Keywords: Coach; self-determined motivation; team sports; sports adherence; performance Coach; self-determined motivation; team sports; sports adherence; performance

1. Introduction

Following the Self-Determination Theory (SDT) [1] and the Achievement Goal Theory (AGT) [2,3], much research has underlined psychological components as a fundamental condition that contributes to athletes’ performance. Sport success is the result of a complex interplay between an athlete’s technical skills, physical condition and adaptive motivational disposition. In detail, this disposition is composed of positive self-esteem and perception of competence, effort attribution style, fitting representation of own abilities, task-oriented goals and persistence when faced with difficulties. All these factors enhance the probability of sport success performance by acting simultaneously to predispose the athlete for a maximum show of personal sport skills [4].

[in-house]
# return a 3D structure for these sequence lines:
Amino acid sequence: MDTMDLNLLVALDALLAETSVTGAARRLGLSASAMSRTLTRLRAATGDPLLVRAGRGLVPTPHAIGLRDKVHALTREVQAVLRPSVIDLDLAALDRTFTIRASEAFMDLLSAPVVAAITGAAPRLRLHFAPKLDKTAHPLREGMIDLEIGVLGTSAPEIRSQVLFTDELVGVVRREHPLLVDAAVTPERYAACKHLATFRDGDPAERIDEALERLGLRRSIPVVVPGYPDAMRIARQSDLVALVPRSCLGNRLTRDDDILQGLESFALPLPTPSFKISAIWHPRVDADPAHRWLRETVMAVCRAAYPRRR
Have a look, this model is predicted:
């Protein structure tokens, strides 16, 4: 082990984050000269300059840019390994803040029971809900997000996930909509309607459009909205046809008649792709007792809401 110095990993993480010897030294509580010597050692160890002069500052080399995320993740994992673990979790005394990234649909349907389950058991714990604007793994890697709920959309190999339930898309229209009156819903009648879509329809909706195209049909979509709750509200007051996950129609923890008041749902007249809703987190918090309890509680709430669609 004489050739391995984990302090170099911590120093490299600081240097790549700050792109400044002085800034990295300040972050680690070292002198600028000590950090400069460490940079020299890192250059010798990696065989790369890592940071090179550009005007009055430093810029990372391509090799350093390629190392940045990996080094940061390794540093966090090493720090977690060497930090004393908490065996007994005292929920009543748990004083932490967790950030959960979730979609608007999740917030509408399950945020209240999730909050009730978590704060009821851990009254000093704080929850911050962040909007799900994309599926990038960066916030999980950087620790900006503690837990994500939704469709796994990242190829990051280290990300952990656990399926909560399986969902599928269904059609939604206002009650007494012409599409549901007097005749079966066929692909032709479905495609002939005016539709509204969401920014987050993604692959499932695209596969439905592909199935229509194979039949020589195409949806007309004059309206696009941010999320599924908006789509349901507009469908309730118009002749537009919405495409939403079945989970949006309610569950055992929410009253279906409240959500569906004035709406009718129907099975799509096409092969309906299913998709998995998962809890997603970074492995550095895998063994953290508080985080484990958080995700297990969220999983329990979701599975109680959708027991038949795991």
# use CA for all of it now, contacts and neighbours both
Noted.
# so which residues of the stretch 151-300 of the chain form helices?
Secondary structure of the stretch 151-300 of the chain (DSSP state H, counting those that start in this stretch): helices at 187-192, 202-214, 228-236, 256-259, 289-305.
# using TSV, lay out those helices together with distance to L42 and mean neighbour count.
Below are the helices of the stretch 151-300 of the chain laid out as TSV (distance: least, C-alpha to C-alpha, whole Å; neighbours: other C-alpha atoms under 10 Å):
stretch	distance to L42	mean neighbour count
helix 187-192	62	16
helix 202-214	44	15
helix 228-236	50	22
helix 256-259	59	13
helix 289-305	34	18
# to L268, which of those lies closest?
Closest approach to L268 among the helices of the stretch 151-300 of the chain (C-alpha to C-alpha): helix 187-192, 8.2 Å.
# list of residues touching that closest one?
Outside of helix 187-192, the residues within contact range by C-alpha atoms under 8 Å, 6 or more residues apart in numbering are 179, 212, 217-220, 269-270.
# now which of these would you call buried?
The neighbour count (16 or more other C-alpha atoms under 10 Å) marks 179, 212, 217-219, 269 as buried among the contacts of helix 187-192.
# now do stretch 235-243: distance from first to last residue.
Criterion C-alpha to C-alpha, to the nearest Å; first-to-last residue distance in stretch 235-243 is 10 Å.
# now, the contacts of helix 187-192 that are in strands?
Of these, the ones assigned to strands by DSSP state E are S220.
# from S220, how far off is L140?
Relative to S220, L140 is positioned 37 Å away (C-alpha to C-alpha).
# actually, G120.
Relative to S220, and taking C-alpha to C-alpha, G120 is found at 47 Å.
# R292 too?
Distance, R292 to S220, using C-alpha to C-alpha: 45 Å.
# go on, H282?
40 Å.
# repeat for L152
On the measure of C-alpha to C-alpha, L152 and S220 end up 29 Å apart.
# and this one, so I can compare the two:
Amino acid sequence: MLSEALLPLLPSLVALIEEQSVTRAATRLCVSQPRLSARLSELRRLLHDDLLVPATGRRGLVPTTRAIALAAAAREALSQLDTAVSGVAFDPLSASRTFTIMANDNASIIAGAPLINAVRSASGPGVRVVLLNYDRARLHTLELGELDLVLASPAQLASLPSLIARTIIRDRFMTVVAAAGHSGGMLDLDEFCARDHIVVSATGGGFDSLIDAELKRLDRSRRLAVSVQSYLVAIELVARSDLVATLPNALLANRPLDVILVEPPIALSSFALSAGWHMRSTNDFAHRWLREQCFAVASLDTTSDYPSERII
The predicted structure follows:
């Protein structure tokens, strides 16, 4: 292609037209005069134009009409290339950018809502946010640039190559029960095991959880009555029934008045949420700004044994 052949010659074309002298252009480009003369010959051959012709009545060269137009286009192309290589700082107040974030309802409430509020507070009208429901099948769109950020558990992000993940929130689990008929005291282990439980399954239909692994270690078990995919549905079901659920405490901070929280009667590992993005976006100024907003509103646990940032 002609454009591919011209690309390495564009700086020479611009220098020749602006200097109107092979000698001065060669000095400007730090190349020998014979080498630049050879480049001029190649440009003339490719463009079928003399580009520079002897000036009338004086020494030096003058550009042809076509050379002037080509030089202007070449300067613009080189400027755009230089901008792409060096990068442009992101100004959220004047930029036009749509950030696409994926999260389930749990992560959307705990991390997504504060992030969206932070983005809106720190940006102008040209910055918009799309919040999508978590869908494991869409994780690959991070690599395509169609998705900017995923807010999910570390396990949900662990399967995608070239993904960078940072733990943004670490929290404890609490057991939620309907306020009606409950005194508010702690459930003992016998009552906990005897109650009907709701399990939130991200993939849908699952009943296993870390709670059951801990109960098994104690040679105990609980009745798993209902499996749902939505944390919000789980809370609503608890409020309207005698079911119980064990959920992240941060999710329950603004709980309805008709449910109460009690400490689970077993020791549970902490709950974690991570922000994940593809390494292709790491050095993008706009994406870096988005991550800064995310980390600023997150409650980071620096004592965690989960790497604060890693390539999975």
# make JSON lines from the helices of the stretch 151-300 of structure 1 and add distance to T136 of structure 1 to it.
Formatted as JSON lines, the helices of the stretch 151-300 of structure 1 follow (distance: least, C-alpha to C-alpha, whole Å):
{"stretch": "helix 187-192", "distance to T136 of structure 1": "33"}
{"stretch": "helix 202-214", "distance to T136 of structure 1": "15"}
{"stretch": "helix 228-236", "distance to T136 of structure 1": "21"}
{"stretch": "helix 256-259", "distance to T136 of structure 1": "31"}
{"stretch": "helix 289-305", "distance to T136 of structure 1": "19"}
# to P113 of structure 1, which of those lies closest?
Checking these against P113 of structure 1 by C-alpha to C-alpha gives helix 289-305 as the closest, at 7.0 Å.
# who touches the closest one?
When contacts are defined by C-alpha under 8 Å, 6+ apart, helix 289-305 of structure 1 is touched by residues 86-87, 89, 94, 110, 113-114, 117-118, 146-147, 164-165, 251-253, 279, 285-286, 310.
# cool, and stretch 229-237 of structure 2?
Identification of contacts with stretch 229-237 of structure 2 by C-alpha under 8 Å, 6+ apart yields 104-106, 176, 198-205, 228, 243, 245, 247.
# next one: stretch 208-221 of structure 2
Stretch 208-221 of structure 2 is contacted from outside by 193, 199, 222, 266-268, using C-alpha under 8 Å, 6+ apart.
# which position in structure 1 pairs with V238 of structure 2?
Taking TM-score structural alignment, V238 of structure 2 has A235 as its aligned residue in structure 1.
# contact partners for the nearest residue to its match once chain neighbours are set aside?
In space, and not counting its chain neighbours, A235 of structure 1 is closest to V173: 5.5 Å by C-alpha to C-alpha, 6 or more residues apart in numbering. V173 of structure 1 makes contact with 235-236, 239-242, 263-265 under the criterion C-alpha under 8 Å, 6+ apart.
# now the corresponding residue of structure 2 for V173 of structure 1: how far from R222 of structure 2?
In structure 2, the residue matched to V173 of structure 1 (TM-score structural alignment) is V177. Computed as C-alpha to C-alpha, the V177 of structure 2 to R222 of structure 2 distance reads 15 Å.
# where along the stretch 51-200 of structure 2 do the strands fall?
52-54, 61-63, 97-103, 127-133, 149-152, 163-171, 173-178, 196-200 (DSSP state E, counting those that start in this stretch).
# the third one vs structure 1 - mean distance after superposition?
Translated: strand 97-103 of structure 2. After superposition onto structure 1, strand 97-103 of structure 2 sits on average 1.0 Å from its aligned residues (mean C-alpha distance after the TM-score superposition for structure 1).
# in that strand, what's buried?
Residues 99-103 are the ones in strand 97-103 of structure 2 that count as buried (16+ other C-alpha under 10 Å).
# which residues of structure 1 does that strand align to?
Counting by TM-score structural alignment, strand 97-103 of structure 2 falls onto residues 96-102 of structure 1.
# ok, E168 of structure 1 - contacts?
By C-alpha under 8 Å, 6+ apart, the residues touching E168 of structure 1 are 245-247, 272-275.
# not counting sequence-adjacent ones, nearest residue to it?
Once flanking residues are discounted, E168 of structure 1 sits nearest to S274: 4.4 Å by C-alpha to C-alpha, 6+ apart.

SDT is one of the most used perspectives to investigate life-long motivation in educational settings such as school and sport [1,5,6,7]. On the whole, six forms of motivation varying on regulation and self-determination degree were postulated. These move along a continuum from intrinsic motivation to amotivation and are labelled: intrinsic regulation, integration, identification, introjection, external regulation and amotivation. They fall into two main categories: autonomous (intrinsic, integrated and identified motivation) and controlled (introjected and external motivation) motivation.
Intrinsic motivation concerns behaviors performed for personal aims such as enjoyment, curiosity, satisfaction and interest; integrated regulation concerns behaviors that are aligned with an individual’s self and are congruent with their value system; identified regulation concerns behaviors that are not attractive for themselves but are recognized for their underlying benefits. Introjected motivation refers to behaviors that are moved by external sources that have been internalized; external regulation refers to behaviors that are moved by external causes. Finally, amotivation refers to behaviors characterized by a lack of intention to behave or an interest in the activity.